I have taught at two distinctly different institutions. Since 2021, I have been an educator at a private liberal arts college located in the South. This college is distinguished by its intimate class sizes, regionalism, and campus aesthetic. Prior to 2021, he spent the majority of the 2010s at the downtown campus of a R1 university in the Southwest defined by its maximal size, national appeal, and classification as a Hispanic-serving institution. At each institution, I have taught lower-division composition and upper-division courses in nonfiction and poetry writing. Most students who enroll in these courses view them as a means to some end goal. In light of “stepping stone” mentality, I design courses around the core belief that students have the capacity to meet their goals.

Furthermore, I believe that students realize their goals by helping others meet similar success. Leadership may be expressed in heading a lab’s research team, starting a campus group, or being a community voice on social media or in traditional publishing. To borrow from developmental psychologist Piaget, I aim for my students to become those who “know what to use when you don’t know what to do,” no matter the domain. To that end, my courses emphasize three learning capacities— resourcefulness, reciprocity, and reflection. In the creative writing domain, these capacities manifest in transferable skills such as informed design, inclusivity, and metacognitive self-criticism.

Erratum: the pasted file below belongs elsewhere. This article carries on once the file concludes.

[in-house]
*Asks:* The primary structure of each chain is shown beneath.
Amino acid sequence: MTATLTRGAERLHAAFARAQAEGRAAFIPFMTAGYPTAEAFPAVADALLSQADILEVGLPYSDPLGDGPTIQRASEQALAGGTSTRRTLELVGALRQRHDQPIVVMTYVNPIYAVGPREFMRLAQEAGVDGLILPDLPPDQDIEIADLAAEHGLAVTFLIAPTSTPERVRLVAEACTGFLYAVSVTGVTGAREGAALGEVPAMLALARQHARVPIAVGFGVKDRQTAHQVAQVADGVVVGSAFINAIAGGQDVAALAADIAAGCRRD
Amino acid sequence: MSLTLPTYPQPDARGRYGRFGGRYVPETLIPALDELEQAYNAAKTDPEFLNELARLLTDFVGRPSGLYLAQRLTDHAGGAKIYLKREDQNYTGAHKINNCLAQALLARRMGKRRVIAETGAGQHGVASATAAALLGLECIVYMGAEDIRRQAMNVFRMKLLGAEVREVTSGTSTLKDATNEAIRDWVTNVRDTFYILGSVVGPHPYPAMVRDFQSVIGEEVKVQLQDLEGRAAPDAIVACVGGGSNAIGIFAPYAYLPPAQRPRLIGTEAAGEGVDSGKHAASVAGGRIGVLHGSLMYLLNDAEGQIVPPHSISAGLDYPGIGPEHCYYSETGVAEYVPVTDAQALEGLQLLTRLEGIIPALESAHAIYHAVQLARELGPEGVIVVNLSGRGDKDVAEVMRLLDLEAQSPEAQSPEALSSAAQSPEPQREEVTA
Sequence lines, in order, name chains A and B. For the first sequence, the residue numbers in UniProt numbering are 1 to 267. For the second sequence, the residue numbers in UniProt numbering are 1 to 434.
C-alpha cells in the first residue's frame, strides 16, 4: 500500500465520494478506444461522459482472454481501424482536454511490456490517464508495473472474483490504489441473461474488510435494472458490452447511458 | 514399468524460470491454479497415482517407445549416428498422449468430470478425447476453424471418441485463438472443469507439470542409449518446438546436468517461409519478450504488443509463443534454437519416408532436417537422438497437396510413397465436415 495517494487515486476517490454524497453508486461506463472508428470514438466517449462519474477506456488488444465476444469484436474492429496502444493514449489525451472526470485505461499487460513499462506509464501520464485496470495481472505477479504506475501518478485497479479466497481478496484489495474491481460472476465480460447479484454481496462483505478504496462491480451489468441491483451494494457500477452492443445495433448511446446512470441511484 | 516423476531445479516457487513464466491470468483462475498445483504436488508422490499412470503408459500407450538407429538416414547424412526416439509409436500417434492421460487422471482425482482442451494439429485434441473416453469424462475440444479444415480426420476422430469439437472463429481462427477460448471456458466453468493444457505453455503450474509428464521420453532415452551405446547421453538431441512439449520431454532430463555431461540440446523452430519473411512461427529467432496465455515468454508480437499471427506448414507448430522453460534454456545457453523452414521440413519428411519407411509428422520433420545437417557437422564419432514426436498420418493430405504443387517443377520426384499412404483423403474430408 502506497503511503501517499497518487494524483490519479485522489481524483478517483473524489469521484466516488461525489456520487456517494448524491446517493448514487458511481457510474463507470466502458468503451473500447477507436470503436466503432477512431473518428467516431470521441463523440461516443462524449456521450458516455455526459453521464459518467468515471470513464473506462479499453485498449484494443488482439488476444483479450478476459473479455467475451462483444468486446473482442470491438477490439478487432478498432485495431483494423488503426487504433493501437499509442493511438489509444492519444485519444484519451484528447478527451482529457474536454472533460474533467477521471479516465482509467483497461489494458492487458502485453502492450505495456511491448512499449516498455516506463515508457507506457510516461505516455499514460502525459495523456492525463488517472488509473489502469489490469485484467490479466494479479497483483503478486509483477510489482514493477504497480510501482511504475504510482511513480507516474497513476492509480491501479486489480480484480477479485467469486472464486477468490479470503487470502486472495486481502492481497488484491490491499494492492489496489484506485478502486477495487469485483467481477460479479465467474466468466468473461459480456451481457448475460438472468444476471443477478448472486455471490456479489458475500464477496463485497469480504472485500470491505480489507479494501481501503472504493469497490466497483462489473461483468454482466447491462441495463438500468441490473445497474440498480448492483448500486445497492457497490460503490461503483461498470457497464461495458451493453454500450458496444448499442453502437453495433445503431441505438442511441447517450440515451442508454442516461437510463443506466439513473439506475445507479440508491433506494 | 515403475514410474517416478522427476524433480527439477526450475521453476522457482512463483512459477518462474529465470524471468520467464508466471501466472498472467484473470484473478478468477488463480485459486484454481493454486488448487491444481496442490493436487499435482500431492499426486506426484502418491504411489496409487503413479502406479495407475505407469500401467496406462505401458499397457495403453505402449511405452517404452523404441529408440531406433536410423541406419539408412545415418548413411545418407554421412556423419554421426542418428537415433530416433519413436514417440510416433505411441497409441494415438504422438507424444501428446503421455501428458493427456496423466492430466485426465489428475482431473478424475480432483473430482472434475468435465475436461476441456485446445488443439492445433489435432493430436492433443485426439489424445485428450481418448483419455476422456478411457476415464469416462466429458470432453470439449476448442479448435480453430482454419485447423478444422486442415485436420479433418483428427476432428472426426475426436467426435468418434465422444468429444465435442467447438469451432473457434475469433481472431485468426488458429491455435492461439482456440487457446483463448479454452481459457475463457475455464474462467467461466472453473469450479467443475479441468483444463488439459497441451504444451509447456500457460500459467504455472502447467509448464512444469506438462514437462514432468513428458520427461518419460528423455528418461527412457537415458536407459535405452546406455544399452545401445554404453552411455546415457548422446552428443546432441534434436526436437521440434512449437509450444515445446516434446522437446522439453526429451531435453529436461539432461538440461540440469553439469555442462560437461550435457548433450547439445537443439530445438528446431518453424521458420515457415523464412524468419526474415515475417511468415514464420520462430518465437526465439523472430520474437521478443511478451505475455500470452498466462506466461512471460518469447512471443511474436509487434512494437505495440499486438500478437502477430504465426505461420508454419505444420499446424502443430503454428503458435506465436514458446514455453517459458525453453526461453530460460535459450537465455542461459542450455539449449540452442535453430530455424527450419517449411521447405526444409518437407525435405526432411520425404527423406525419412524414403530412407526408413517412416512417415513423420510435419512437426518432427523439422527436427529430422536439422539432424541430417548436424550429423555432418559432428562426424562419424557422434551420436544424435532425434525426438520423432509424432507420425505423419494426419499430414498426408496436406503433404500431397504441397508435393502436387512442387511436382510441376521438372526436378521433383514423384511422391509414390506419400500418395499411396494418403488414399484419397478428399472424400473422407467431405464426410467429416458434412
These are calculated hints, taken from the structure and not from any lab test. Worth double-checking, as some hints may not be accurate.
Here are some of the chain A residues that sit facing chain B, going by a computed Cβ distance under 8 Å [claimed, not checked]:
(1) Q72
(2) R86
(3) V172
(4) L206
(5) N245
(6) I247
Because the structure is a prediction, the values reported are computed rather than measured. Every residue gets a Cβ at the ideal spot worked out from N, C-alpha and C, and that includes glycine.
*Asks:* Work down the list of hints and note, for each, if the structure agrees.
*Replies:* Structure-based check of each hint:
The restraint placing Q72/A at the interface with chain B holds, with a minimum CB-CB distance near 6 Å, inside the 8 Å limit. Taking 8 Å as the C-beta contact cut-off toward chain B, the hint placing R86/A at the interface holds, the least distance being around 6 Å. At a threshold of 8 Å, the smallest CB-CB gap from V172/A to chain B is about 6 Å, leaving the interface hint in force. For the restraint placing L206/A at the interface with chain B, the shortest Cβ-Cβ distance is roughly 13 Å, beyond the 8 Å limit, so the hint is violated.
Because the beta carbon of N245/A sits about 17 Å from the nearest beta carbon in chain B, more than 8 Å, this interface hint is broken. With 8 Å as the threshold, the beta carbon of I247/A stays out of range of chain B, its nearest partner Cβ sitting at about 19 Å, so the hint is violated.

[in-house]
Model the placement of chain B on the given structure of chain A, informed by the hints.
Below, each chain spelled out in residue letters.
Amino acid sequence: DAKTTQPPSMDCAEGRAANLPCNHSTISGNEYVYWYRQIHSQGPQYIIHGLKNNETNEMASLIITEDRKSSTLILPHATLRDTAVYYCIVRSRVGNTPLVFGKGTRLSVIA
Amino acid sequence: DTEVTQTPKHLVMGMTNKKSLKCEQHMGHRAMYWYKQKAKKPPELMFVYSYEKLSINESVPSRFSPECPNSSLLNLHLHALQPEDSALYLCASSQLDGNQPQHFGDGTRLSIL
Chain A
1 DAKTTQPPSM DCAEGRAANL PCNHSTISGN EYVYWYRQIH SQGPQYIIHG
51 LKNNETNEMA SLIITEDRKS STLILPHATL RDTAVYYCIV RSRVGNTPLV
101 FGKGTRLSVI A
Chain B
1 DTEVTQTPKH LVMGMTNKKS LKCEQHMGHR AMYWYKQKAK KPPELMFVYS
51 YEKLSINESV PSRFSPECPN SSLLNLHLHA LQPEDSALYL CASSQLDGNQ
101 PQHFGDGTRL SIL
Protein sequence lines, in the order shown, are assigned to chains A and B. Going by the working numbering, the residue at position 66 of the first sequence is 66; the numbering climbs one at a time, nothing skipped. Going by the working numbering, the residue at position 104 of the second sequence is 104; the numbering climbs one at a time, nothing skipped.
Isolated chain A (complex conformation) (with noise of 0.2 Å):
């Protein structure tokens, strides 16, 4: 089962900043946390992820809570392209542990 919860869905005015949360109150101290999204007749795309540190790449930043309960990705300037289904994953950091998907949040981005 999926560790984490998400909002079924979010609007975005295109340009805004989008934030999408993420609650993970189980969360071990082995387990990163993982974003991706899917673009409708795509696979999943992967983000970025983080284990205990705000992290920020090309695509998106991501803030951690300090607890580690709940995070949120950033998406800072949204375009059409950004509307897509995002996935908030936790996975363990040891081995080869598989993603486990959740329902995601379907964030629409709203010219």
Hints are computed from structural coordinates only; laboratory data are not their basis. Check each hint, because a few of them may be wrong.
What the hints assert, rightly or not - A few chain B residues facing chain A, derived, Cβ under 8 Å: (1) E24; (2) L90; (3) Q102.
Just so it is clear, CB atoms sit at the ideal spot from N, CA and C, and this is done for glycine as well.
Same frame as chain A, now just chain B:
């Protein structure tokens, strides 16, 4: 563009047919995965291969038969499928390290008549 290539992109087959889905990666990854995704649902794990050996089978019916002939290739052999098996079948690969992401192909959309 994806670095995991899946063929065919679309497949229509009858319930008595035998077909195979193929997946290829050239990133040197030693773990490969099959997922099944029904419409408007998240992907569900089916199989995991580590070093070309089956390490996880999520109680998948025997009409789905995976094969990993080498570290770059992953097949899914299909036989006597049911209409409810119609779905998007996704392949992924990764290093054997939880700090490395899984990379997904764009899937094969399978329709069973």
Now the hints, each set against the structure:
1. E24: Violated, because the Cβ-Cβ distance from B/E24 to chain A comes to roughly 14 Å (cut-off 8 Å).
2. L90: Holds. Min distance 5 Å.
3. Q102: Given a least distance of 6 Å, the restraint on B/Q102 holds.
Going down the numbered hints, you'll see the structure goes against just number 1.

#WSLife from CISAASU on Vimeo.

This philosophy developed out of working under Asao Inoue at Arizona State University. His labor-learning and equitable assessment approaches to course design shaped the development of the Face-to-Face (F2F) Writers’ Studio. As co-coordinator of this program, I led multiple co-taught courses and researched team-teaching methodology. Though that work, I have found student satisfaction in dual-instructor classes to be statistically more significant than in solo-instructor courses. I have continued this line of inquiry while working with Flagler College’s Center for Teaching and Learning and continue to develop my pedagogy to be inclusive of different methodologies and reactive to societal demands.

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